Affiliations: [a] Department of Pediatrics, Loyola University Medical Center, Maywood, IL, USA | [b] Office of Research Services, Stritch School of Medicine, Loyola University Medical Center, Maywood, IL, USA
Corresponding author: Dr. Wajed Haddad, Department of Pediatrics, Loyola University Medical Center, 2160 S 1st Ave, Maywood, IL 60153, USA. Tel.: +1 708 216 1067; Fax: +1 708 216 9434; email@example.com
OBJECTIVE: To examine the success rate of our current practice of discontinuing caffeine at 33 0/7-35 6/7 weeks post menstrual age (PMA), as well as factors that predict the success or failure of discontinuation.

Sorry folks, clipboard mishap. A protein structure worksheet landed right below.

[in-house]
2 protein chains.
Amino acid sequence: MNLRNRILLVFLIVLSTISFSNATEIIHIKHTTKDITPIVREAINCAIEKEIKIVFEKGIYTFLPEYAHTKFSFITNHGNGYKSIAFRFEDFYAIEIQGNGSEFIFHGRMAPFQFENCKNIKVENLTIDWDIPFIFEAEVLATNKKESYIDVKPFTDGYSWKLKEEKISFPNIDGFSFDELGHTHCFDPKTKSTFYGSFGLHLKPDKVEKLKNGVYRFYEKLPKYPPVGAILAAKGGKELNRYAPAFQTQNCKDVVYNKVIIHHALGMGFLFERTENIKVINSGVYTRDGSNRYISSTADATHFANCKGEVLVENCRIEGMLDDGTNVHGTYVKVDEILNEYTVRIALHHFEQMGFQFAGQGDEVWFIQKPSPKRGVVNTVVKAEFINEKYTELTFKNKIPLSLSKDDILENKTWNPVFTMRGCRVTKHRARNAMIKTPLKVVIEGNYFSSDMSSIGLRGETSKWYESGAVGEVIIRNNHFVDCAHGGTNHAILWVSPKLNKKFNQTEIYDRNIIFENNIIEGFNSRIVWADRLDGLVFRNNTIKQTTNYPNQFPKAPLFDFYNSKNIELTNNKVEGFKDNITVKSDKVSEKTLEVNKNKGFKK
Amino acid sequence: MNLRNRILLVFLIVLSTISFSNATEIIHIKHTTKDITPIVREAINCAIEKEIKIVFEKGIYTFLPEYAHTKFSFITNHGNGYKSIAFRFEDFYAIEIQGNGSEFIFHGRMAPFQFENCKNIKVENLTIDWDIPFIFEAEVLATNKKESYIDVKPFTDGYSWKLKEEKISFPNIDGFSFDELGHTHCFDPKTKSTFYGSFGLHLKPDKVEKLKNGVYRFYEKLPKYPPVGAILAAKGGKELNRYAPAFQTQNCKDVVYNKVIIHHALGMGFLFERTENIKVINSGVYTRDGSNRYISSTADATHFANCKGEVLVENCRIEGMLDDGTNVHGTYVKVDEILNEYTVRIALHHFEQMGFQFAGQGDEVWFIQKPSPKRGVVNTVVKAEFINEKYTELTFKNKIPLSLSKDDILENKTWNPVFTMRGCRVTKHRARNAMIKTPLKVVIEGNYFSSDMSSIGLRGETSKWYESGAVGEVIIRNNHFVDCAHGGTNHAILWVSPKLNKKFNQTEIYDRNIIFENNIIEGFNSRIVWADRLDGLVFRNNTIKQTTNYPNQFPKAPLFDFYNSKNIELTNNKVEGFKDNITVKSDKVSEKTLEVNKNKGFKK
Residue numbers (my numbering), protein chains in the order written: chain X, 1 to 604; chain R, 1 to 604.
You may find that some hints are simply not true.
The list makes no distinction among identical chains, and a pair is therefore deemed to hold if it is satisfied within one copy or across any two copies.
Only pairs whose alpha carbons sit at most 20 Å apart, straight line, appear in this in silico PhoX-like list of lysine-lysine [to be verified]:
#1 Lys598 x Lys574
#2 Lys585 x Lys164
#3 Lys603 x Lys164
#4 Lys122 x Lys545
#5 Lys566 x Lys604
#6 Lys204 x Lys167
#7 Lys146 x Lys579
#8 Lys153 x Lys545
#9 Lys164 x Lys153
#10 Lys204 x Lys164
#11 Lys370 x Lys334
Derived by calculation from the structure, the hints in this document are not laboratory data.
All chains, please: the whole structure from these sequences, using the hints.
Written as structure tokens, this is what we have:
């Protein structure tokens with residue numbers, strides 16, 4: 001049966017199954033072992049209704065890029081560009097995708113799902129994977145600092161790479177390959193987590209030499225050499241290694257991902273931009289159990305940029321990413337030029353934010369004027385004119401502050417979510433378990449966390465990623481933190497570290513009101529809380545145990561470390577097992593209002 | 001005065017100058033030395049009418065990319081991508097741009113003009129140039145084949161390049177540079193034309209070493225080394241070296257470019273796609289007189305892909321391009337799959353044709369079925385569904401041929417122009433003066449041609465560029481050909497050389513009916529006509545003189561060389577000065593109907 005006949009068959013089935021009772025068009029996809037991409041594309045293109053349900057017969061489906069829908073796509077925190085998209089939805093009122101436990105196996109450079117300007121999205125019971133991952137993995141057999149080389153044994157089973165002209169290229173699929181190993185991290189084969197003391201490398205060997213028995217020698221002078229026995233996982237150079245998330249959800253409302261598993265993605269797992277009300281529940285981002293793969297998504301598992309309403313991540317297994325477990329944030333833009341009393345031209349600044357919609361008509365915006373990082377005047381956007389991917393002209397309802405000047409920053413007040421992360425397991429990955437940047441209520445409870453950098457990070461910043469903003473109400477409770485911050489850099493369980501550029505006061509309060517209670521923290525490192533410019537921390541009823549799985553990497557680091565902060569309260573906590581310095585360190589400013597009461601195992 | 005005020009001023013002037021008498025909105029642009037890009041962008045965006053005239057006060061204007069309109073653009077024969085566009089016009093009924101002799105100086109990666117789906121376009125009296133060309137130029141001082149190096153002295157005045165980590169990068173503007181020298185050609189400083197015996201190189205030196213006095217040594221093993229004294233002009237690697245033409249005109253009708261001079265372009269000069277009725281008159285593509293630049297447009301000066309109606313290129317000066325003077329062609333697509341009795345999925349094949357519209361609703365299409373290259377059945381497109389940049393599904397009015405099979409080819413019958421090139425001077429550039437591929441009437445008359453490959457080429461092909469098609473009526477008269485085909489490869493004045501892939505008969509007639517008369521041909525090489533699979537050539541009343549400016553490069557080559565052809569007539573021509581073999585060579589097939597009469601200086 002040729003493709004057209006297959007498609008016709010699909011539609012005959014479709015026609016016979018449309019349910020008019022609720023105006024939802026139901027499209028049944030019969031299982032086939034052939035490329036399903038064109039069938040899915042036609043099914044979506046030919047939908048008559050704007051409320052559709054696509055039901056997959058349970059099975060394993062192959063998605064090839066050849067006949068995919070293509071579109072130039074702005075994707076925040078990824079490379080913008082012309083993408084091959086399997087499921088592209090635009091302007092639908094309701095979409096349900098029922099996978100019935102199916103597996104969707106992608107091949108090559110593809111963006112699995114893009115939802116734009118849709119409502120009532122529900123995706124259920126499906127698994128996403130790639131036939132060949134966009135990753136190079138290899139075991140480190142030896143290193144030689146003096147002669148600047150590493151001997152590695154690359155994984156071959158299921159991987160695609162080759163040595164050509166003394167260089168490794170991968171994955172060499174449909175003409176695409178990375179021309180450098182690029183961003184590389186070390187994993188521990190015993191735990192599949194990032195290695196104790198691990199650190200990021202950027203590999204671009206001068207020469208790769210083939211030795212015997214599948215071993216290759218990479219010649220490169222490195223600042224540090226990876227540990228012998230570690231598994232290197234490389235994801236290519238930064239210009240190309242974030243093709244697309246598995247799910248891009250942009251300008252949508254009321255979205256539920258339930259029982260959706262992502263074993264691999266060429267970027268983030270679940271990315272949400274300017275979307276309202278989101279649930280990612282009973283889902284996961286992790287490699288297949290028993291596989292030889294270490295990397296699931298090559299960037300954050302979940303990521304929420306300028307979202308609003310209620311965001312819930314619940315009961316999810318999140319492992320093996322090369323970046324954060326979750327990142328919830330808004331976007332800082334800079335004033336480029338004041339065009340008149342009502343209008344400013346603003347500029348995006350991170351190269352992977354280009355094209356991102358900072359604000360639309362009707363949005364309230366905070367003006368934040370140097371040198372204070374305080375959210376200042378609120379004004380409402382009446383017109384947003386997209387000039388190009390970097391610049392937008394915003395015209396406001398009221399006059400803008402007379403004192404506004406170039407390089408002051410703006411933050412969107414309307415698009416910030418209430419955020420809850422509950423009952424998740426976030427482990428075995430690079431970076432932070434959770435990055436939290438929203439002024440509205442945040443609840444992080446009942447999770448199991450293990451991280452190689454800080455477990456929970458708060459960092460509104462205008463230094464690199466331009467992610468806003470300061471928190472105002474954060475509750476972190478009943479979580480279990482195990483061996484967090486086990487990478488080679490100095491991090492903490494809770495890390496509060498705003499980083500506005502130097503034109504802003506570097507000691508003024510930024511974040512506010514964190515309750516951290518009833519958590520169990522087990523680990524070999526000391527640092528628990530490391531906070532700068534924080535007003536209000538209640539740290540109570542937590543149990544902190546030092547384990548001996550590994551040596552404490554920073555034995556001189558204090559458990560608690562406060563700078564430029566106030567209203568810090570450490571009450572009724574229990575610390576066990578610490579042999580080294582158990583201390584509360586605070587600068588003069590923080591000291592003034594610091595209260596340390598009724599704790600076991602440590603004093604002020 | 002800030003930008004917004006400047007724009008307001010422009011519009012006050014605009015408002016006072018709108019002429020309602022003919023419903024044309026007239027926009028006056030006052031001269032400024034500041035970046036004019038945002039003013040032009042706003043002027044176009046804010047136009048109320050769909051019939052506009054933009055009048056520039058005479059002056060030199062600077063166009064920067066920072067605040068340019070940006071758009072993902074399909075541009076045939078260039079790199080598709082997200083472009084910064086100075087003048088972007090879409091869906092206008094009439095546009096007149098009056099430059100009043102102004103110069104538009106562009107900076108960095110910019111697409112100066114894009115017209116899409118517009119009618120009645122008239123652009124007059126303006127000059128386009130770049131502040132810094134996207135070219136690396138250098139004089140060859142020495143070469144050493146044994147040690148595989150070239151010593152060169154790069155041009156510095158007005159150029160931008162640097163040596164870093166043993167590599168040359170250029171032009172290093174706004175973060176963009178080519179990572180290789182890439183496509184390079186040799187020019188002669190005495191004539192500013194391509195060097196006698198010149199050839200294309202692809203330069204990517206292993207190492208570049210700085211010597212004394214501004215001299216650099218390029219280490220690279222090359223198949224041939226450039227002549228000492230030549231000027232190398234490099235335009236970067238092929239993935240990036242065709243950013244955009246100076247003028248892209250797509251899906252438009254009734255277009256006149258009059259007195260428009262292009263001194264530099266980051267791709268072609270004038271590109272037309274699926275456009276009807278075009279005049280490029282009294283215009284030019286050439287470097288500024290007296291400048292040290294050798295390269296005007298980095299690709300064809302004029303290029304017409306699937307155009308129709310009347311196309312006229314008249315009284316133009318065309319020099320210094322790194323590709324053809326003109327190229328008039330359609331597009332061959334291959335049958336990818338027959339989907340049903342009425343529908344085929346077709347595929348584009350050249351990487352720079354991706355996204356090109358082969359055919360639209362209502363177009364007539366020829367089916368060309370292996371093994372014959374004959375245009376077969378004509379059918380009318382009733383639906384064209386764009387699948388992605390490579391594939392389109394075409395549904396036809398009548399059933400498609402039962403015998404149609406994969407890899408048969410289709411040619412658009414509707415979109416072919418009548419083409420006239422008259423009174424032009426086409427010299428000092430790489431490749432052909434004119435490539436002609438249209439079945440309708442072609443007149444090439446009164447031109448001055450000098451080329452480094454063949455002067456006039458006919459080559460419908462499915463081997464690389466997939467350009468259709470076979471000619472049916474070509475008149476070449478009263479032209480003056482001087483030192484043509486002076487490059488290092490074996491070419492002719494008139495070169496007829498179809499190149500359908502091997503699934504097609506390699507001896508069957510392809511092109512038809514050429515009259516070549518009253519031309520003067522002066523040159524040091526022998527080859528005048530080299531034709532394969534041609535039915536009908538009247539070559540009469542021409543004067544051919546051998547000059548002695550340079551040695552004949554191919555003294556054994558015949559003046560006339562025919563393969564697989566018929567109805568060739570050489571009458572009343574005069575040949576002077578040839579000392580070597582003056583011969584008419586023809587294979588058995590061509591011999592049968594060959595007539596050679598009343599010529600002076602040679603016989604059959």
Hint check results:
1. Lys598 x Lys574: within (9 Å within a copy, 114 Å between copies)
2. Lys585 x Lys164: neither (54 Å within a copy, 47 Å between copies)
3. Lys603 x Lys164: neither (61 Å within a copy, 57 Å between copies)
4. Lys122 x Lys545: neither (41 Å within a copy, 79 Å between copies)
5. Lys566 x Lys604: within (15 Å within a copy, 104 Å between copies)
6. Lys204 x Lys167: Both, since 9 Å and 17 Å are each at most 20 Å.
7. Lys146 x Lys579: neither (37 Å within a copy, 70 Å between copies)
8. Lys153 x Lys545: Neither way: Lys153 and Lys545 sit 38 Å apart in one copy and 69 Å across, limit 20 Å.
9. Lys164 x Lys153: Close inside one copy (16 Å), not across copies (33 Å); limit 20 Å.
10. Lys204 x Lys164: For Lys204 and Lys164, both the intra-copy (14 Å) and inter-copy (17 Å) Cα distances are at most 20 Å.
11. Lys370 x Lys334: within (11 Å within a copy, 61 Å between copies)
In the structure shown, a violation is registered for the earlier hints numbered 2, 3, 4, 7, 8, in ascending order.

STUDY DESIGN: A retrospective chart review of infants born before 34 weeks gestational age between 2006–2012. Data collected included demographics, and other comorbidities mainly complications of prematurity.
RESULTS: 647 treated infants had caffeine discontinued at 33–35 PMA before discharge or transfer. 64 (10% ) infants failed discontinuation and had caffeine restarted. Most (77% ) of those who failed started having monitor alarms within 7 days of discontinuation. BPD and Hispanic ethnicity were predictive of weaning failure (p < 0.05).
CONCLUSION: Caffeine can be discontinued at 33–35 weeks PMA with a failure rate of 10% . BPD and Hispanic ethnicity are predictive of failure. It is generally safe to discharge infants seven days after the caffeine was discontinued if no significant monitor events occur during that time.